According to the Organisation for Economic Co-operation and Development, the use of antidepressants has dramatically increased over the past decade. Figures have revealed that in some countries doctors are writing prescriptions for antidepressants for more than one in 10 adults. European countries, Nordic countries and both Australia and Canada appear to be leading the trend.
Data from the US has uncovered that over 10% of Americans are using antidepressants. To compare, global rates of depression have not increased to the same extent, prompting worries from psychologists.
These findings were published recently by the OECD in its Health at a Glance report. The OECD say rising consumption levels could be explained by an increase in antidepressant use for milder cases of depression.
Most experts agree that antidepressants work for those with severe depression and should not be the first port of call for those with mild depression. Counselling and cognitive behavioural therapy (CBT) are recognised as being just as effective in the long run – but sadly, counselling is not always easily available.
Dr Mark van Ommeren, from the World Health Organisation’s department of mental health has said the following:
“We know that antidepressants work for moderate to severe depression. The explosion of antidepressants you see in most countries reflects the fact that lots of people with moderate to severe depression are getting treatment – and that’s a good thing. But the negative thing is that a lot of people are getting antidepressants who shouldn’t be getting them. Doctors and healthcare providers should be able to recognise depression correctly so that those who need antidepressants get them and those with only mild cases do not get prescribed.”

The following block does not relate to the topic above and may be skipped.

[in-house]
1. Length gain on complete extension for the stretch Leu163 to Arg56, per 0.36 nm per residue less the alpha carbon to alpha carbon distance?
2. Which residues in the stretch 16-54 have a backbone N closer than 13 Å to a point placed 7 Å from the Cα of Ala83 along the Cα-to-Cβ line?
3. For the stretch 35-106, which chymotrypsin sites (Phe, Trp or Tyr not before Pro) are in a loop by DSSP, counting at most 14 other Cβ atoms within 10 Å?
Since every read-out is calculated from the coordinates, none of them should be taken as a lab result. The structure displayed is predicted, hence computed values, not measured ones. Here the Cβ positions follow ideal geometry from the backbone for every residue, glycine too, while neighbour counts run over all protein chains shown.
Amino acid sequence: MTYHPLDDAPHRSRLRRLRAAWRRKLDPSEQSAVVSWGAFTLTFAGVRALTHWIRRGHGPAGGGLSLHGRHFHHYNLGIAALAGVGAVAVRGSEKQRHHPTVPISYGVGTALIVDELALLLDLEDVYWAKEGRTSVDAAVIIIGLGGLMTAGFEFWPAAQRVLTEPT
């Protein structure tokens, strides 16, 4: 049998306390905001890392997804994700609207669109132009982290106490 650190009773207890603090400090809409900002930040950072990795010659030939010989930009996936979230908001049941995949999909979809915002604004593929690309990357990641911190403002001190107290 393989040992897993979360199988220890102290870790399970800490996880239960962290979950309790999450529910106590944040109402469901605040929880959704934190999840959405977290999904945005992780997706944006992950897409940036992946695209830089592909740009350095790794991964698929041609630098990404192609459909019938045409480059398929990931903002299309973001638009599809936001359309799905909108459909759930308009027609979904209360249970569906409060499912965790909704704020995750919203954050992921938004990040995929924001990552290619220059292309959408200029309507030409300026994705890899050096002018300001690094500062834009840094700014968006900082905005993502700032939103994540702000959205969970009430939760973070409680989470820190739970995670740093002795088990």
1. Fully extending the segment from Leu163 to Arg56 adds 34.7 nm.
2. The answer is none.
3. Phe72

In the UK it is estimated that the prescription rate of antidepressants has doubled in the last 10 years to 70.7 for every 1,000 people.
Currently primary care physicians have a tendency to prescribe medication rather than CBT, although for some countries (including the UK) initiatives are launching to increase the availability of counselling. How this will affect prescription levels remains to be seen, but it is hoped that it will encourage a more thoughtful prescription rate.